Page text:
HowTo: Create a Hard Links in Linux / UNIX

by on October 9, 2007 · 7 comments· LAST UPDATED October 1, 2011

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Both Linux / UNIX allows the data of a file to have more than one name in separate places in the same file system. Such a file with more than one name for the same data is called a hard-linked file. How do I create a hard link under Linux / UNIX / Apple Mac OS X / BSD operating systems?

A hard link to a file is indistinguishable from the original directory entry; any changes to a file are effectively independent of the name used to reference the file. Hard links may not normally refer to directories and may not span file systems.

ln command Example To Make a Hard Link

The ln command make links between files. By default, ln makes hard links.

ln Command Syntax

The syntax is as follows for Unix / Linux hard link command:

 
ln {source} {link}
 

Where,

  • source is an existing file.
  • link is the file to create (a hard link).

To create hard link for foo file, enter:
echo 'This is a test' > foo
ln foo bar
ls -li bar foo

Sample outputs:

4063240 -rw-r--r-- 2 root root 15 Oct  1 15:30 bar
4063240 -rw-r--r-- 2 root root 15 Oct  1 15:30 foo

Hard Links Limitations

There are some issues with hard links that can sometimes make them unsuitable. First of all, because the link is identical to the thing it points to, it becomes difficult to give a command such as "list all the contents of this directory recursively but ignore any links". Most modern operating systems don't allow hard links on directories to prevent endless recursion. Another drawback of hard links is that they have to be located within the same file system, and most large systems today consist of multiple file systems.

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{ 7 comments… read them below or add one }

1 zafar October 1, 2009 at 2:59 am

hi i m zafar
i wanna to update in linux command
but i know some cmd so plz me update continu
thanks

Reply

2 amu December 7, 2009 at 5:45 pm

hard link

ln -fs file_location link_file_location
where
fs is forcefully and source respectively

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3 RonCam September 30, 2011 at 8:53 pm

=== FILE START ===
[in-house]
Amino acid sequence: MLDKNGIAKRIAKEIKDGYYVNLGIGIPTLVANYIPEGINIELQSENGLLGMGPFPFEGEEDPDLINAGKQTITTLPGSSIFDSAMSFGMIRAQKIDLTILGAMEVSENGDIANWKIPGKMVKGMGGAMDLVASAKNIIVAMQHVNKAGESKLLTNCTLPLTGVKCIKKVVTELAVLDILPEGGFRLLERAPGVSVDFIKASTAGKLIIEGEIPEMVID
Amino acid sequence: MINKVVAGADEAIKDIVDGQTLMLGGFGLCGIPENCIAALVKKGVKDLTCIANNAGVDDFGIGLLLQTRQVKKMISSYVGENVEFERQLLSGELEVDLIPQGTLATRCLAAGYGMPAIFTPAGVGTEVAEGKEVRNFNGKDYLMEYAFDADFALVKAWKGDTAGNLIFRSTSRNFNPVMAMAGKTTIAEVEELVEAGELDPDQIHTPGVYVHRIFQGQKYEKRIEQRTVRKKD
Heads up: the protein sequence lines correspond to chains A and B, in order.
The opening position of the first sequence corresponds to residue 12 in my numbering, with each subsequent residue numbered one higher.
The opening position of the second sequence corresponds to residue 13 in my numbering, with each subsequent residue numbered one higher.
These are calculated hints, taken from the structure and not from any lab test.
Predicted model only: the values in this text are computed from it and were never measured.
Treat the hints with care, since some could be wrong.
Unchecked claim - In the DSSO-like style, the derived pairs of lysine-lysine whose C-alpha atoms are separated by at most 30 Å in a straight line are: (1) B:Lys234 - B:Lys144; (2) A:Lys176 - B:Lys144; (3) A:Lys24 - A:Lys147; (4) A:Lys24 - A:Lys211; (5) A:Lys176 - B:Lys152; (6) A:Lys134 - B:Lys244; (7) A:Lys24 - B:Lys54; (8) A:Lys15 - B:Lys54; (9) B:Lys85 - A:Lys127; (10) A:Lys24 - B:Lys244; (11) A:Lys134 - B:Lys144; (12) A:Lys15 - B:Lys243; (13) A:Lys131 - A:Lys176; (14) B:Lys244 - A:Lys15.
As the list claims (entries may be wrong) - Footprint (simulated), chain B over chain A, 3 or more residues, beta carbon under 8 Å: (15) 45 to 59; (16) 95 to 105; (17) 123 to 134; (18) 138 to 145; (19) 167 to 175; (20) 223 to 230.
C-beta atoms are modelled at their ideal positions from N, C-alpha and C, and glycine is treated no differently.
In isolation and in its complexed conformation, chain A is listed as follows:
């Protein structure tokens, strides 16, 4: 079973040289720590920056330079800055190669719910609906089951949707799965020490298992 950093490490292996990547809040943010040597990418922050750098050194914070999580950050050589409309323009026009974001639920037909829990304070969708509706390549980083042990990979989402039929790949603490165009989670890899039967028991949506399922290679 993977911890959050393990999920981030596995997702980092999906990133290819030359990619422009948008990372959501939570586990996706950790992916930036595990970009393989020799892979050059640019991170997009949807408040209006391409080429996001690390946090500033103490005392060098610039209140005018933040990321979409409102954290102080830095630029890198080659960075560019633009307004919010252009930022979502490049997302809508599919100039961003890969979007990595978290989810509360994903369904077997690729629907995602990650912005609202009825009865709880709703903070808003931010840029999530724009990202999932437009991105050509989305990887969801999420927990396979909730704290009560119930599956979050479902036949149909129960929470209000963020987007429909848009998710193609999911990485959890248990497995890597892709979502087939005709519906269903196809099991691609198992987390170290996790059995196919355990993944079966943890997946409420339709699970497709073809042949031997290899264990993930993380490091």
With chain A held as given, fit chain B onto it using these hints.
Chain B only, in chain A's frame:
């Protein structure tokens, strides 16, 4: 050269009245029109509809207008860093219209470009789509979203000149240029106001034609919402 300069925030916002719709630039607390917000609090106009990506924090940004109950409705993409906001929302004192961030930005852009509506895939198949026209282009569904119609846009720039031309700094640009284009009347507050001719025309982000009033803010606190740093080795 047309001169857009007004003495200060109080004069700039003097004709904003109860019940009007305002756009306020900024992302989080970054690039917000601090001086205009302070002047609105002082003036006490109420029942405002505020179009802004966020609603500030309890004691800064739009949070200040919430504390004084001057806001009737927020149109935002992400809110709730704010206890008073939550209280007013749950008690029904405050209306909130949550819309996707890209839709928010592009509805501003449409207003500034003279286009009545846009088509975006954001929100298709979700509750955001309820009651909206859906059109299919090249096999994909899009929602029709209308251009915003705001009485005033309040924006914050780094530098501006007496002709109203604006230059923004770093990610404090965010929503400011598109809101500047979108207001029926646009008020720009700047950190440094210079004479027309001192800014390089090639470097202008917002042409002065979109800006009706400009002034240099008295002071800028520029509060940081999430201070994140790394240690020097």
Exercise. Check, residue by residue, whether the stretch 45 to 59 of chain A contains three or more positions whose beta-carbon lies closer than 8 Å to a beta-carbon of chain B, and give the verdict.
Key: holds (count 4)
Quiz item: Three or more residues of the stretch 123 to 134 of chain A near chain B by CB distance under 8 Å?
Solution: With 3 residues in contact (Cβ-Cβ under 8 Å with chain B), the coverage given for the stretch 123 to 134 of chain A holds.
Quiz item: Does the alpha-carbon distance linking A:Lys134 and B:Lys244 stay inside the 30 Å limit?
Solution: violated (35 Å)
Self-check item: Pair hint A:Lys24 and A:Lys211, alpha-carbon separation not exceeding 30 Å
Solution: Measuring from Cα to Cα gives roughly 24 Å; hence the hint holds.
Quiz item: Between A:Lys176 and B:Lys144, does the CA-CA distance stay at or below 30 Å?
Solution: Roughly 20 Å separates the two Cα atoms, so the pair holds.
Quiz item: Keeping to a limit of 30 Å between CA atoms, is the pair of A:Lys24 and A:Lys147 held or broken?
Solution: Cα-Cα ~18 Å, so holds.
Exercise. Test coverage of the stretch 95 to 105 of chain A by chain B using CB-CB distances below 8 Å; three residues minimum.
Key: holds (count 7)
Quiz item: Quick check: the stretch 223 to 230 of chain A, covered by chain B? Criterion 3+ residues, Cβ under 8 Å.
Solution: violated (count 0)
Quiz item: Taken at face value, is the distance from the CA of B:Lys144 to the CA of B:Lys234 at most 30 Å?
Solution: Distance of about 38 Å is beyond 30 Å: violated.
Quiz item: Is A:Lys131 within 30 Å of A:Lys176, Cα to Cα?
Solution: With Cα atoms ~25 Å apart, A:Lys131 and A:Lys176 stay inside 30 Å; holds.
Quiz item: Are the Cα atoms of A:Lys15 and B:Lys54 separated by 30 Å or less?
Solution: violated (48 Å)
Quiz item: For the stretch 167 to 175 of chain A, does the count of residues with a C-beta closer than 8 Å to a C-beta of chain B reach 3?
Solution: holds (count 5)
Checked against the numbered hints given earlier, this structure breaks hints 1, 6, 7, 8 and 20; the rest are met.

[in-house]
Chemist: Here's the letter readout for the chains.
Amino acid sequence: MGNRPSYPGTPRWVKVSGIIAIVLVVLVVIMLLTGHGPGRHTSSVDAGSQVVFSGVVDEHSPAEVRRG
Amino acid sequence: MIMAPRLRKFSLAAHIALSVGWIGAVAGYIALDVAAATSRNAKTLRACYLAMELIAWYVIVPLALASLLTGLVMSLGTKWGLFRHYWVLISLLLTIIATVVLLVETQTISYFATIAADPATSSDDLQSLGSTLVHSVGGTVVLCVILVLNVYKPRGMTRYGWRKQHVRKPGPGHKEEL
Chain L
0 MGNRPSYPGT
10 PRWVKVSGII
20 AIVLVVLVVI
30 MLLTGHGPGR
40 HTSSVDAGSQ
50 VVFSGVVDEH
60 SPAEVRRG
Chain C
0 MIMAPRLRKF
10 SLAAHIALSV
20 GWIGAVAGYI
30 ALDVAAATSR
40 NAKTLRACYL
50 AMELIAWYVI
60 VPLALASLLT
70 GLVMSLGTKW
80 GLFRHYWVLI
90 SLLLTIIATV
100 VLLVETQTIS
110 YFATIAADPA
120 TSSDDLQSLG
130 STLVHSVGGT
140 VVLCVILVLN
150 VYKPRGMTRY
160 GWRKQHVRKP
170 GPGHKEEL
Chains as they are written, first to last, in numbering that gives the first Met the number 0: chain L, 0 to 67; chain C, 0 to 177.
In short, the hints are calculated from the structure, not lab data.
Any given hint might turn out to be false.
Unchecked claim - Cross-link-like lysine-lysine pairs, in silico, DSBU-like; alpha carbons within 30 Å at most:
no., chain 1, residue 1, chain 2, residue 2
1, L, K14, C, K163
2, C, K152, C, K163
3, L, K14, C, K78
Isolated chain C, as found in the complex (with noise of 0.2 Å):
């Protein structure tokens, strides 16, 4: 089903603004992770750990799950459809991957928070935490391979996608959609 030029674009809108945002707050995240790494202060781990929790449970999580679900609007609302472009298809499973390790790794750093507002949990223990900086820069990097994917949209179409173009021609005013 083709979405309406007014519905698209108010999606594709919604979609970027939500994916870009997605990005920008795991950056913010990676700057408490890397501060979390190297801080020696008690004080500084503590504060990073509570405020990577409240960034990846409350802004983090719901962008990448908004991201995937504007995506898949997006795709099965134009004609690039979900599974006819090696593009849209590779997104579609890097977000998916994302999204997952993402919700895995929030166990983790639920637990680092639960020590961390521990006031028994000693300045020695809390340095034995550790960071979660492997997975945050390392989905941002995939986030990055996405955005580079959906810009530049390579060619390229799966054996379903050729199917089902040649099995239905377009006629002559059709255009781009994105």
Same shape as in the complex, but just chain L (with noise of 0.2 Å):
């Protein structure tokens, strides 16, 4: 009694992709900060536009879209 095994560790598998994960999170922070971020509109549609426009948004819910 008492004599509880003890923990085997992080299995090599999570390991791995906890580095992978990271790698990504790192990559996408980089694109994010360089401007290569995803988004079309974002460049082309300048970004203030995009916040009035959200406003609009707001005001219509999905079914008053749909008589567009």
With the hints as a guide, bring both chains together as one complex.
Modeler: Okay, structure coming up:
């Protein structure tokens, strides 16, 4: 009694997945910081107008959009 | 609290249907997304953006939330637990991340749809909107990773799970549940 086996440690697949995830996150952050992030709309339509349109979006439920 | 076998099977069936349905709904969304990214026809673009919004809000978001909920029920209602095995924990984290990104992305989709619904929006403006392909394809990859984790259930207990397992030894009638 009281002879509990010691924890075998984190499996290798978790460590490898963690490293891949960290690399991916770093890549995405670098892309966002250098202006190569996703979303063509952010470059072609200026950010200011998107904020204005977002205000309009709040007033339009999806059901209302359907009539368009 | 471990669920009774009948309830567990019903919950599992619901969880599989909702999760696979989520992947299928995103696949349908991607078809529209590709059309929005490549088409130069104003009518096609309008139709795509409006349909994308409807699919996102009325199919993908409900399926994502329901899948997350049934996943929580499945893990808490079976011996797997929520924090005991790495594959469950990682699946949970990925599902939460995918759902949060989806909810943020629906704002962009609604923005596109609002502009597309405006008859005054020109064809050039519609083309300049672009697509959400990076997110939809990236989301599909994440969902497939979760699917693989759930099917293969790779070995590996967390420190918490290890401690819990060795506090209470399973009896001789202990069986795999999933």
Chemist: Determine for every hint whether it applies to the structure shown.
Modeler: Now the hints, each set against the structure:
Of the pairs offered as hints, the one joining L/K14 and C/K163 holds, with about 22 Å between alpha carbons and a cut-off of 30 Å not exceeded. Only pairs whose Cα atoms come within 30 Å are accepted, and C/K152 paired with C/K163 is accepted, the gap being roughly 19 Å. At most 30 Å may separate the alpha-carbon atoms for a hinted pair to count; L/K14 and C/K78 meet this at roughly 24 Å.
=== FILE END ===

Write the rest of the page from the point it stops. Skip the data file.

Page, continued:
Another drawback of hard links is that they have to be located within the same file system, and most large systems today consist of multiple file systems.

Does mean, for example, you cannot make a hard link between and ext3 and ext4 file system, or does it mean you cannot link between file systems on two separate volumes?

I know this is two years old, but maybe some is watching? I have seen the above quote in a number of sources, but this one is the only one where there’s a chance to ask.

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4 nixCraft October 1, 2011 at 9:55 am

We are talking about two devices. For example /dev/sdc1 mounted on /disk1 and /dev/sdd1 mounted on /disk2. You can not create a hard link between /disk1 and /disk2. You will get an error as follows if you try:

ln: creating hard link `hard' => `/disk2/somefile': Invalid cross-device link

Also, you can not format /dev/sdd1 as ext3 or ext4 at the same time or mount same device as ext3 or ext4 as same time as you need to format the file system. In short, hard link is not allowed between cross devices (it does not matter if devices are formatted as ext3 or ext4).

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5 RonCam October 1, 2011 at 11:50 am

Thanks for the clarification and thanks for still watching this thread. Hope your reply will be useful to others who come across your excellent blog, by searching.

Now, because of what you said, I may instead try to get a similar result using ‘mount –bind’.

I’m trying to get the ‘/doc’ from ‘usr/share/doc’ off of a small SSD and onto a separate ‘/doc’ on a MMC in the memory slot of the same netbook. As well, I think the above command should also be insensitive to the SSD being ext4 and the MMC being formatted in ext3.

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6 Roland October 15, 2011 at 3:26 pm

How can you display all of the hard links on a file system to a particular file?

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7 ThomasCle November 5, 2013 at 1:43 pm

Thank you! This was exactly what I needed on my Mac! It is perfect to link files between two Git repositories :)

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